Step Two: Dehydration from the inciting injury causes conditions known to lead to the kinds of degenerative structural changes and cognitive impairments that are symptomatic of AD. Clinically obvious symptoms that result from actions in Step Two do not occur immediately. Rather, they manifest increasingly over time. Importantly, the destructive actions increase in intensity over time because of a feedback loop. The feedback loop contains Step Two that then leads to symptoms of AD. Among the destructive conditions created in Step Two are reduced vascular perfusion and a reduced flow of cerebrospinal fluid to remove toxins and wastes (Weller et al., 2008).
Step Three: A feedback loop is established that leads from Step Two — to symptoms of AD — to blunted thirst sensation — to adipsia (inadequate drinking response to maintain normal hydration) — back to Step Two (dehydration leading to neurodestructive changes) — back to symptoms of AD. See Figure 1.
Over time, the feedback loop creates destructive effects that might become diagnosed as mild cognitive impairment (MCI). Later, absent some intervention to disrupt the reinforcing loop, increasingly severe symptoms of cognitive degradation allow a diagnosis of AD.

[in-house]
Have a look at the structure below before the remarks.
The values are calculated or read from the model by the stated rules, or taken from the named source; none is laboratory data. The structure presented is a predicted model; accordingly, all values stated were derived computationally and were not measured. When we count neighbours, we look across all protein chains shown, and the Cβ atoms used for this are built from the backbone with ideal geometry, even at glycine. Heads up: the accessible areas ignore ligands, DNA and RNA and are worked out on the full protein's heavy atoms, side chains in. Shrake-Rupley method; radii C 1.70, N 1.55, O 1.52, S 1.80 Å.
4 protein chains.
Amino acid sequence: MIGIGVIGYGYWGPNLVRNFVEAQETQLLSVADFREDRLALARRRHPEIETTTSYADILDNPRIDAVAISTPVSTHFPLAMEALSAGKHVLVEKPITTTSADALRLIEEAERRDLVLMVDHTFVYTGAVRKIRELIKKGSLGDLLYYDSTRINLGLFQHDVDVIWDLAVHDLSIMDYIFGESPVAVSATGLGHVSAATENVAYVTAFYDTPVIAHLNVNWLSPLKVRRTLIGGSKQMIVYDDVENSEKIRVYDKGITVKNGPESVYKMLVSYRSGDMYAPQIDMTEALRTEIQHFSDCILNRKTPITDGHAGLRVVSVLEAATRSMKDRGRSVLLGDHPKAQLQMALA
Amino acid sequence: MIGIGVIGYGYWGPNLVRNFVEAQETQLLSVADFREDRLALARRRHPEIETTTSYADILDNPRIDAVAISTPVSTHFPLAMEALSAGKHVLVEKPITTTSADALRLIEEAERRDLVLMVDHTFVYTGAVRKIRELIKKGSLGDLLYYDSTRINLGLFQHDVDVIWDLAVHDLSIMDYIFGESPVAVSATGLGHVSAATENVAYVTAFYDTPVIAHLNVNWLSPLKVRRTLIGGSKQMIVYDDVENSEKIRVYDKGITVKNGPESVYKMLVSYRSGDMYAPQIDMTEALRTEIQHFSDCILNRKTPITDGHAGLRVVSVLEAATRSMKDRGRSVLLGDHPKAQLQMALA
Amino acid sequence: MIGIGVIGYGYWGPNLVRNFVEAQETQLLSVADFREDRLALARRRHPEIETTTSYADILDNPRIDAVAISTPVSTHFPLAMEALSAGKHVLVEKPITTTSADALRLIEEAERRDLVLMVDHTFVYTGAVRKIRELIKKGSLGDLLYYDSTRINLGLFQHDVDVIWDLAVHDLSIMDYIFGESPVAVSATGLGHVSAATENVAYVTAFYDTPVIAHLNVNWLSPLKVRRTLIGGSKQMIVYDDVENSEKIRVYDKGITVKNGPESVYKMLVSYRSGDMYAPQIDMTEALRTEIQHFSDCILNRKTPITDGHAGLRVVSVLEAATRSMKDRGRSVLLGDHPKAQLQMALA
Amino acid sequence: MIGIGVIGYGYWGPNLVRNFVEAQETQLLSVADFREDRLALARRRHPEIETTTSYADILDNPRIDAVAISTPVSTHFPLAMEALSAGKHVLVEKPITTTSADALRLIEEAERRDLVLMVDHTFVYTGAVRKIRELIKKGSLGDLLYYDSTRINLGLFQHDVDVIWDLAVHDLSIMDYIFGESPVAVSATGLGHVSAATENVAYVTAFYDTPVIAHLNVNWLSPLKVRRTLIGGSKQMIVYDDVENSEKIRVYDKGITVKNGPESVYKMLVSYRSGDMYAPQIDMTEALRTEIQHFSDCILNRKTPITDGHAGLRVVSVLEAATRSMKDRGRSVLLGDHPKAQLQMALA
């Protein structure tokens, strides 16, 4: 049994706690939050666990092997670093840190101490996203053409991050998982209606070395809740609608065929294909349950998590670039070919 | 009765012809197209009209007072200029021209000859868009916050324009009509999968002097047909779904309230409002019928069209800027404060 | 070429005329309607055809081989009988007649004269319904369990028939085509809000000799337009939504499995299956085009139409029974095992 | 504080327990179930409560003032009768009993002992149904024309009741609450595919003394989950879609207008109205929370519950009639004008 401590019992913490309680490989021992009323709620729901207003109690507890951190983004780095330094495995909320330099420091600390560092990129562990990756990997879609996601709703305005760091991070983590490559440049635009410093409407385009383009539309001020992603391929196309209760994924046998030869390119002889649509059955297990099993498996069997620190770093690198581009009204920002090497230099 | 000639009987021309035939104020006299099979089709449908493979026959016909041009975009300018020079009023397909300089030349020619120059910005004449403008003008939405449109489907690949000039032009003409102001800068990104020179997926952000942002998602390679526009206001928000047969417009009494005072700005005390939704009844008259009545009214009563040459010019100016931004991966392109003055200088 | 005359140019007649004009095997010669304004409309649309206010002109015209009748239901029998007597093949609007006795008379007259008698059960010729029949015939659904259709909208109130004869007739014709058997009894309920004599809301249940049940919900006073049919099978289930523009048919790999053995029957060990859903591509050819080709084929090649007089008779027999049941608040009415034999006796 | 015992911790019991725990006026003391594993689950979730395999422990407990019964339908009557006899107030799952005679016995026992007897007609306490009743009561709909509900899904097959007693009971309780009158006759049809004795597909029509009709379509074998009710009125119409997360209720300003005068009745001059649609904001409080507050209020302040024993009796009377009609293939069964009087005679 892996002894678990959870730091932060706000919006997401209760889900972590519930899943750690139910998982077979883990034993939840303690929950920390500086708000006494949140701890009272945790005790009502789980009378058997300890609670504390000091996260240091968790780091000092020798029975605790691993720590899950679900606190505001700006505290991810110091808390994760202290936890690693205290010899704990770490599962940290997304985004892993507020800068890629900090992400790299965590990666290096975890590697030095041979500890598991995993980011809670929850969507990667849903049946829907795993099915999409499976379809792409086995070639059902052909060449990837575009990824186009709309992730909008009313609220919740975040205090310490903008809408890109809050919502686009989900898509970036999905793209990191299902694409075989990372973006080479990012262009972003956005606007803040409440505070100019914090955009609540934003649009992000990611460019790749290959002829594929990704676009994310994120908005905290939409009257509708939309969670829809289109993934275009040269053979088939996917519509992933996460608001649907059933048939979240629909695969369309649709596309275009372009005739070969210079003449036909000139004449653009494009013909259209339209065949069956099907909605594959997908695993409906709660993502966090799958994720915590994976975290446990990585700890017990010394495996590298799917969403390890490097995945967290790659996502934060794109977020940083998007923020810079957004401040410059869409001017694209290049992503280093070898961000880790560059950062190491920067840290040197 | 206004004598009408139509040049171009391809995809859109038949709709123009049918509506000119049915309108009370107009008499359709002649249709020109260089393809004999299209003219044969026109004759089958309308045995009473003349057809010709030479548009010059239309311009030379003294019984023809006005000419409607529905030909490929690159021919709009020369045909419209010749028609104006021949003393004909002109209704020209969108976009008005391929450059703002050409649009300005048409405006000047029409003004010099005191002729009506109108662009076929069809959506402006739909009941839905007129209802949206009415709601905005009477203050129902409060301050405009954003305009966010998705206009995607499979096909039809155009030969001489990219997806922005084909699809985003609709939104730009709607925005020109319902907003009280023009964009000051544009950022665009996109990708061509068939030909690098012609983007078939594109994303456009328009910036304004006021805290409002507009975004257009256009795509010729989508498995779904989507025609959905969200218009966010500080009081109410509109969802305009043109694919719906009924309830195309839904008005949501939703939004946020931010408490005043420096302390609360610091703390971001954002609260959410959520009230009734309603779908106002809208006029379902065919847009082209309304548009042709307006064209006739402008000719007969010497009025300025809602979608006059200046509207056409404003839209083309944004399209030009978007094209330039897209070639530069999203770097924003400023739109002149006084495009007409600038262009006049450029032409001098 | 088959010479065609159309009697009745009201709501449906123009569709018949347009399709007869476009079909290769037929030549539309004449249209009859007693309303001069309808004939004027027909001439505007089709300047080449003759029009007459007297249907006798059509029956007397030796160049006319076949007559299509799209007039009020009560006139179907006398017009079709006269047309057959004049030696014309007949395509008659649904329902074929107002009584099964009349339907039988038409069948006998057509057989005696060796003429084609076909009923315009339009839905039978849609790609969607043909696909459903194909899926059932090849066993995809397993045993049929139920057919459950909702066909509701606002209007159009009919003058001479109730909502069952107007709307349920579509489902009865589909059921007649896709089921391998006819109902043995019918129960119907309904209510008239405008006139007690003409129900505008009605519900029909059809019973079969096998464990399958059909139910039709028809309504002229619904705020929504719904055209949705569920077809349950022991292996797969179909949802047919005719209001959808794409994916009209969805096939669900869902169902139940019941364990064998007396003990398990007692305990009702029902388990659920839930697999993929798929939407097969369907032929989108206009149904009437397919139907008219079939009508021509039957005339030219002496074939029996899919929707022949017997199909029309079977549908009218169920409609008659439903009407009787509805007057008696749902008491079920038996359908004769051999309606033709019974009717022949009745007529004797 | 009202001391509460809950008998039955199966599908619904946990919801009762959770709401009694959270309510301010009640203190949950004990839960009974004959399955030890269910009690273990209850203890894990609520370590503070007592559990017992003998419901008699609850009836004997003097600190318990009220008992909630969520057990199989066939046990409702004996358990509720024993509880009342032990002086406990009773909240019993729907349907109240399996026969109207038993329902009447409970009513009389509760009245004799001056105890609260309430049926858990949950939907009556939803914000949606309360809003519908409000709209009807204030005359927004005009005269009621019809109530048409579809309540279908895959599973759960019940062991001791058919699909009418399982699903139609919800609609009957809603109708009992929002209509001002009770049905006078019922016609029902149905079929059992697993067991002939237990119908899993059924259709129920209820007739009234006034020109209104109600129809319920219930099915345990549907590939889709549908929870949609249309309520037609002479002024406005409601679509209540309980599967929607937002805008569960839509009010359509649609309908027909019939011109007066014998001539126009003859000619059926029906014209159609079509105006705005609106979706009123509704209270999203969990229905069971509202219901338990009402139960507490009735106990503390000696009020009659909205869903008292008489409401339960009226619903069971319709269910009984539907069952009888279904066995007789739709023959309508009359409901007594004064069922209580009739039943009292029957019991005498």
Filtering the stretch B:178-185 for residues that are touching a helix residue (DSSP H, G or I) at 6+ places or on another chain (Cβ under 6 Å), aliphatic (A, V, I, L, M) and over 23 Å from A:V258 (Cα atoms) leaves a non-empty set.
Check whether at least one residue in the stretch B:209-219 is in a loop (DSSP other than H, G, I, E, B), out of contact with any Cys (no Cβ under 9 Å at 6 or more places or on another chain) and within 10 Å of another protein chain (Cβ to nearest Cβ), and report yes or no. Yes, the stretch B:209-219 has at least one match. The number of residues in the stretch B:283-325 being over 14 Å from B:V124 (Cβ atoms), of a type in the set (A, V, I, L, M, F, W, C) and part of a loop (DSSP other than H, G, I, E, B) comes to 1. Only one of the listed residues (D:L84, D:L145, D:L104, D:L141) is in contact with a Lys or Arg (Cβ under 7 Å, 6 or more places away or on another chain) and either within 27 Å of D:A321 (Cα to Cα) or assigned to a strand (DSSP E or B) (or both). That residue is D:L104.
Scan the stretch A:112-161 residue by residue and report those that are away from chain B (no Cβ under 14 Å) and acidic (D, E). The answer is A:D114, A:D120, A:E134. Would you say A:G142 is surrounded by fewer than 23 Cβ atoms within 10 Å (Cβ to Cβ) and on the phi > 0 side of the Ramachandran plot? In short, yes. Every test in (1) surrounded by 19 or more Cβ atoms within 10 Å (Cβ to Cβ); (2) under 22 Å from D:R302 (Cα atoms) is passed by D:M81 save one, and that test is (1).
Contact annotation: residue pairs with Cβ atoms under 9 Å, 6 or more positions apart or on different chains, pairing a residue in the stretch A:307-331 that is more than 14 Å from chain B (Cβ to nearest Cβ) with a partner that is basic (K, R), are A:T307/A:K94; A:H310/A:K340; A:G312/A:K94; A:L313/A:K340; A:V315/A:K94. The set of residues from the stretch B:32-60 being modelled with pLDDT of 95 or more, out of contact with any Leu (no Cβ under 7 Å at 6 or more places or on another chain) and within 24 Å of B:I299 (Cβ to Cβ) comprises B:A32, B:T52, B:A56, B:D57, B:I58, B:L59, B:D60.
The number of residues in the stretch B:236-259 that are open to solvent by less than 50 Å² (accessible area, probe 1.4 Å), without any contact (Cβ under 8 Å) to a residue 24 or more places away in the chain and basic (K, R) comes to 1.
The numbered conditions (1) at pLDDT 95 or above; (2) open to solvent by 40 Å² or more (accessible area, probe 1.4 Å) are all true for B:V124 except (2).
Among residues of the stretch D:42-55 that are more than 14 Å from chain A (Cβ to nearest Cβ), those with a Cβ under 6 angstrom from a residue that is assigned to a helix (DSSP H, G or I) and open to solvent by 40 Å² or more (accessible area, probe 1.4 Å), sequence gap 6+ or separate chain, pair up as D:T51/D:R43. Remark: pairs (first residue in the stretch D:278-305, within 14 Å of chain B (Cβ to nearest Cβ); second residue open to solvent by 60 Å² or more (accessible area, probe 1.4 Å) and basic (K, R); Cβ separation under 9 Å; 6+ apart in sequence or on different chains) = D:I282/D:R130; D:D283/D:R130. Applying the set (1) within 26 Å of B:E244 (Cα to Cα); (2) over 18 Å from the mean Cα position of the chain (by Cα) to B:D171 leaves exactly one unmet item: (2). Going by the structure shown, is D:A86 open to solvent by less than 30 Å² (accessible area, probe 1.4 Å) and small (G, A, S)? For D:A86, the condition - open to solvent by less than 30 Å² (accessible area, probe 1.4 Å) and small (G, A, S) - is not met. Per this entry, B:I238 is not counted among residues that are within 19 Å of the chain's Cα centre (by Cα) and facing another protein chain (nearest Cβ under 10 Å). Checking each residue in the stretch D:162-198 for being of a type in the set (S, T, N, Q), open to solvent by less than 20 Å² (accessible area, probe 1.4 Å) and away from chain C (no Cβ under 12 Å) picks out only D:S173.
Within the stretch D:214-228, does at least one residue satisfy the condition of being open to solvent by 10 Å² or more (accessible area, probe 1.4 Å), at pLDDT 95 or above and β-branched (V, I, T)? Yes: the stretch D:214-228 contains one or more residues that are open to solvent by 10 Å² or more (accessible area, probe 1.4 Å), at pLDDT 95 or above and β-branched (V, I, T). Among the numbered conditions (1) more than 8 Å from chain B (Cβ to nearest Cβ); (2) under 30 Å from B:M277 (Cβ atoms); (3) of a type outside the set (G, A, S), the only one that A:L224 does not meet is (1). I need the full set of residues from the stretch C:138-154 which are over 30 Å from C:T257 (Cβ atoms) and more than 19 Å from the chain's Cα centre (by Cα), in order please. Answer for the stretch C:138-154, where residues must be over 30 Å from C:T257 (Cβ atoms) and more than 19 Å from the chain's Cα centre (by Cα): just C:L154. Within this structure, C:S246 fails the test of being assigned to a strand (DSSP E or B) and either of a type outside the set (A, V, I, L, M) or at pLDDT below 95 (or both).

As a chronic condition, dehydration reaches an apogee during ages in the 70s and 80s — the same ages when AD is most likely to be diagnosed. This is not a coincidence. Rather, we hypothesize that severe symptoms of AD become manifest during older ages when symptoms of AD become part of a self-reinforcing loop that includes blunting of the thirst sensation, reduced drinking of fluids, and increasingly high levels of dehydration.
An Inciting Injury — the Role of Dehydrating Medicines
Undiagnosed AD starts as a slowly developing process of cognitive degradation that is a normal part of aging. However, an inciting injury can tip a slowly developing process into a rapidly developing, self-reinforcing loop. According to systems thinking, that increased speed of degradation signals a “step function” event. Such events may lead to an entire system becoming unstable.